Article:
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Editorial: What a year

by Michael McCoy
December 18, 2023 | A version of this story appeared in Volume 101, Issue 41


The cover of C&EN's Centennial issue shows many small covers from passt issues of C&EN.
Credit: C&EN
The cover of C&EN’s Aug. 14 Centennial issue

This is C&EN’s last issue of 2023. And for the staff, it has been quite a year.

The story of our year ends well, but it didn’t start that way. When 2023 began, our editor in chief and an executive editor had just been let go, and other staffers were starting to leave of their own accord. It seemed as if we were sinking.

Albert G. Horvath, the CEO of the American Chemical Society, which publishes C&EN, helped right the ship by moving the magazine from the ACS Communications Division, where some of our problems started, back to our previous home in the Publications Division. He also asked me to step in as interim editor in chief.

With the changes, the mood started to improve, and by June we were putting together a special issue to commemorate C&EN’s 100th anniversary—a little something else that happened this year!

We were also eagerly awaiting the arrival of our new editor in chief, Mohammed Yahia. Then tragedy struck: in August, Yahia died en route to ACS Fall 2023 in San Francisco, where he planned to meet staffers and ACS members for the first time.

At C&EN, we felt knocked down just as we were getting on our feet. But as always, deadlines loomed. So we got back to reporting, writing, and publishing news. And even as we grieved, ACS relaunched the search for an editor in chief.

Fast-forward a few months, and we now have one: Nick Ishmael-Perkins, a journalist and former director of the website, will be joining us in February. The story is on page 7. I’m excited, and not only because Ishmael-Perkins will take the reins, letting me return my attention to my primary job as C&EN’s business and policy editor.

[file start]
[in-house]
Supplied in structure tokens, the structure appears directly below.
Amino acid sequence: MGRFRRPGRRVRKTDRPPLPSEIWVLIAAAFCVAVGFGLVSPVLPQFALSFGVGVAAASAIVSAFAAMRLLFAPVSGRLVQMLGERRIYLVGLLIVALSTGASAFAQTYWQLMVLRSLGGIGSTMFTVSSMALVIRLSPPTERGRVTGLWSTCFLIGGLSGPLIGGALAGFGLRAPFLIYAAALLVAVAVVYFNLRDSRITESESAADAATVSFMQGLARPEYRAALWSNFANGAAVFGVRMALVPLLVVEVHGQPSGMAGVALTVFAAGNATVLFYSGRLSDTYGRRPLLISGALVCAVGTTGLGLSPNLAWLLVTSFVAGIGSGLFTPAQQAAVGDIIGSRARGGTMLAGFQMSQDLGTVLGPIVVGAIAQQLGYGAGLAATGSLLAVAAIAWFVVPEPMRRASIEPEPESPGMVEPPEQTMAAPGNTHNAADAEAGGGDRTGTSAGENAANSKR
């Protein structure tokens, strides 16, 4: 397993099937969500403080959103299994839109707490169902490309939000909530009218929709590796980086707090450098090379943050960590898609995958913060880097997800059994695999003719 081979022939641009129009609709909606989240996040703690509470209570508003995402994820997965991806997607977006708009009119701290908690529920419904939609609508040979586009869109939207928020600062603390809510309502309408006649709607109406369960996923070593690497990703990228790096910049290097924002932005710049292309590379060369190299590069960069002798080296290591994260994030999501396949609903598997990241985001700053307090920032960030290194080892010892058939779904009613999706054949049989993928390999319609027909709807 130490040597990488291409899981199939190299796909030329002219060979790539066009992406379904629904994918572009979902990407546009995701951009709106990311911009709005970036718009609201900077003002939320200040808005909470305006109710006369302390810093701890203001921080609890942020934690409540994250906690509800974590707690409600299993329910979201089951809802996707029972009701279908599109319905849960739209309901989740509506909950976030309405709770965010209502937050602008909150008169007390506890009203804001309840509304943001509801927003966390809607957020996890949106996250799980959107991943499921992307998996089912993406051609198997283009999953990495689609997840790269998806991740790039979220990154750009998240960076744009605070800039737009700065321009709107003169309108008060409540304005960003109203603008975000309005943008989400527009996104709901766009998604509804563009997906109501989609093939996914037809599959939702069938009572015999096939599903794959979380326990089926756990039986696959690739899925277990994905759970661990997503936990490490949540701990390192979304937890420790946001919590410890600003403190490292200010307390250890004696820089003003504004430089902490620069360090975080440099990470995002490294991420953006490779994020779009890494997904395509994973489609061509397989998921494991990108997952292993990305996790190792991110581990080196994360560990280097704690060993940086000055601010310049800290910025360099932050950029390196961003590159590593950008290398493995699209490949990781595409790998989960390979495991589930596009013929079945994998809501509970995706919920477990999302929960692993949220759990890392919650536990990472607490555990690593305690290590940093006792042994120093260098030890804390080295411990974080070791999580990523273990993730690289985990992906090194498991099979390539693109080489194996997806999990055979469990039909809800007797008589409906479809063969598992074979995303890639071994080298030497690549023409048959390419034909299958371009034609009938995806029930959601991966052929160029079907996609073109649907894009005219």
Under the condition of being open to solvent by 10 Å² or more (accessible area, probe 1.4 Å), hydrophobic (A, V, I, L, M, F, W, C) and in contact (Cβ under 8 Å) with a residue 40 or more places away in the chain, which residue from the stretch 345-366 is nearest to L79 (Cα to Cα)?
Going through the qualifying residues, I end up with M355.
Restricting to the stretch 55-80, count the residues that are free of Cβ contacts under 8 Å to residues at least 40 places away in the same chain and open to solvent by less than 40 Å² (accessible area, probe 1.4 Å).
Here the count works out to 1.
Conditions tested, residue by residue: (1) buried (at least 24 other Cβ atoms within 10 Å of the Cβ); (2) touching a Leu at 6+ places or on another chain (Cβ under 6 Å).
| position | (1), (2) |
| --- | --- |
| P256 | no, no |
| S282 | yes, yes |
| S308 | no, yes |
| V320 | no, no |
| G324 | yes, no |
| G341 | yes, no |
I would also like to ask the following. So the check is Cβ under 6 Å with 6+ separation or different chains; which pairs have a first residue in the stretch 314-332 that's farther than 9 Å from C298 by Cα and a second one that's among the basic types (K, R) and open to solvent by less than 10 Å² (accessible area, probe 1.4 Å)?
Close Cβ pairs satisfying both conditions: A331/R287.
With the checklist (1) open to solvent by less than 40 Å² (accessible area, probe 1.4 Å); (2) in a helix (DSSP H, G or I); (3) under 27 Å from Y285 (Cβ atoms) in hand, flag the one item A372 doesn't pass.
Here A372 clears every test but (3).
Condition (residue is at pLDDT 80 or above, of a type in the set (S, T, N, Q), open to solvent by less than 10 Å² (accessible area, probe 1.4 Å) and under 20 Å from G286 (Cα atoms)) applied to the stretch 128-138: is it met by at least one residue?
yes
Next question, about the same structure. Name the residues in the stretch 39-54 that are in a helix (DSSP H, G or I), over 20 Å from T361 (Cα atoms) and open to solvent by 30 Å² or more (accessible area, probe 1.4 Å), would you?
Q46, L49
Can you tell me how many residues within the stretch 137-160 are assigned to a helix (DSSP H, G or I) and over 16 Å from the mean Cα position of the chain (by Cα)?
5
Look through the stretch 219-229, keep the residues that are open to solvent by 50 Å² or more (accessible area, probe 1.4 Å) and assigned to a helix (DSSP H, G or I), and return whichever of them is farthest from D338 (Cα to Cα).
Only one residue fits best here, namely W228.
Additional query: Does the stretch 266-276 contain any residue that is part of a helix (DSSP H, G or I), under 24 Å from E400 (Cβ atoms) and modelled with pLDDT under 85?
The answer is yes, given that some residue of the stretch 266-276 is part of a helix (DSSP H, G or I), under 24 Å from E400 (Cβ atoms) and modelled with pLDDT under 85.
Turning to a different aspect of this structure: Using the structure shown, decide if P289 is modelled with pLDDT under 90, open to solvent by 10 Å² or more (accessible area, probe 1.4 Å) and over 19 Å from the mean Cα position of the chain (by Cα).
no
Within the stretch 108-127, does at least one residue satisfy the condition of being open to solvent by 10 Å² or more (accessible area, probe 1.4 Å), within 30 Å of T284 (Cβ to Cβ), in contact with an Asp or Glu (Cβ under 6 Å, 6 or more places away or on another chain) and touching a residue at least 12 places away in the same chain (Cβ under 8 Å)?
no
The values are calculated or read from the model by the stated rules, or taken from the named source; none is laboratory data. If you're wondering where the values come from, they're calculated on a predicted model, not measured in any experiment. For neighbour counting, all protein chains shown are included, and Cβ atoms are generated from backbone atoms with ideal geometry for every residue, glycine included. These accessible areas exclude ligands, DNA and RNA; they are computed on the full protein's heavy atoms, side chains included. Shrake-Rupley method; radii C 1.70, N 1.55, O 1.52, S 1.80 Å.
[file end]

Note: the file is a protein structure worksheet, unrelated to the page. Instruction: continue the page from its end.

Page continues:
We’ve also been rebuilding the staff that was so decimated at the start of the year. Since January, we have brought on five reporters and editors: Brianna Barbu, Chris Gorski, Prachi Patel, Priyanka Runwal, and Krystal Vasquez. Other reporters—Laura Howes, Mitch Jacoby, and Gina Vitale—became editors. And Liam Conlon joined C&EN as our audience engagement editor.

Outside the newsroom, Allison Elliot and David Padgham joined our operations team. Madeline Monroe and Seamus Murphy became members of our creative team. Sharon Jane Chua became publisher, Sara Cottle came aboard as editor of our ACS News section, and Shane M. Hanlon started as executive editor of C&EN BrandLab custom content studio.

And we’re not done. Three new reporters will start in January, and other new staffers will follow.

The hiring recap may seem like inside baseball to some readers, but all these folks play a role in getting C&EN’s stories into your hands—whether they arrive via the print magazine, the digital edition, or our website.

I’m most familiar with the contributions of our new reporters, of which I will share three: Vasquez wrote the Sept. 4 cover story about pressure on the academic tradition of tenure. A month later, Runwal wrote a cover story on controversial plans to mine the ocean floor for valuable metals like nickel and cobalt. The following week, Barbu contributed a cover story on temporary implants that dissolve in the body. I think our new reporters are off to a great start.

Nothing is ever perfect, but I feel confident in saying that for C&EN, the year is ending much better than it began. Many of us will be off the week between Christmas and New Year’s Day. Then we will be back in 2024 to bring you more news of the chemistry world.

Views expressed on this page are those of the author and not necessarily those of ACS.


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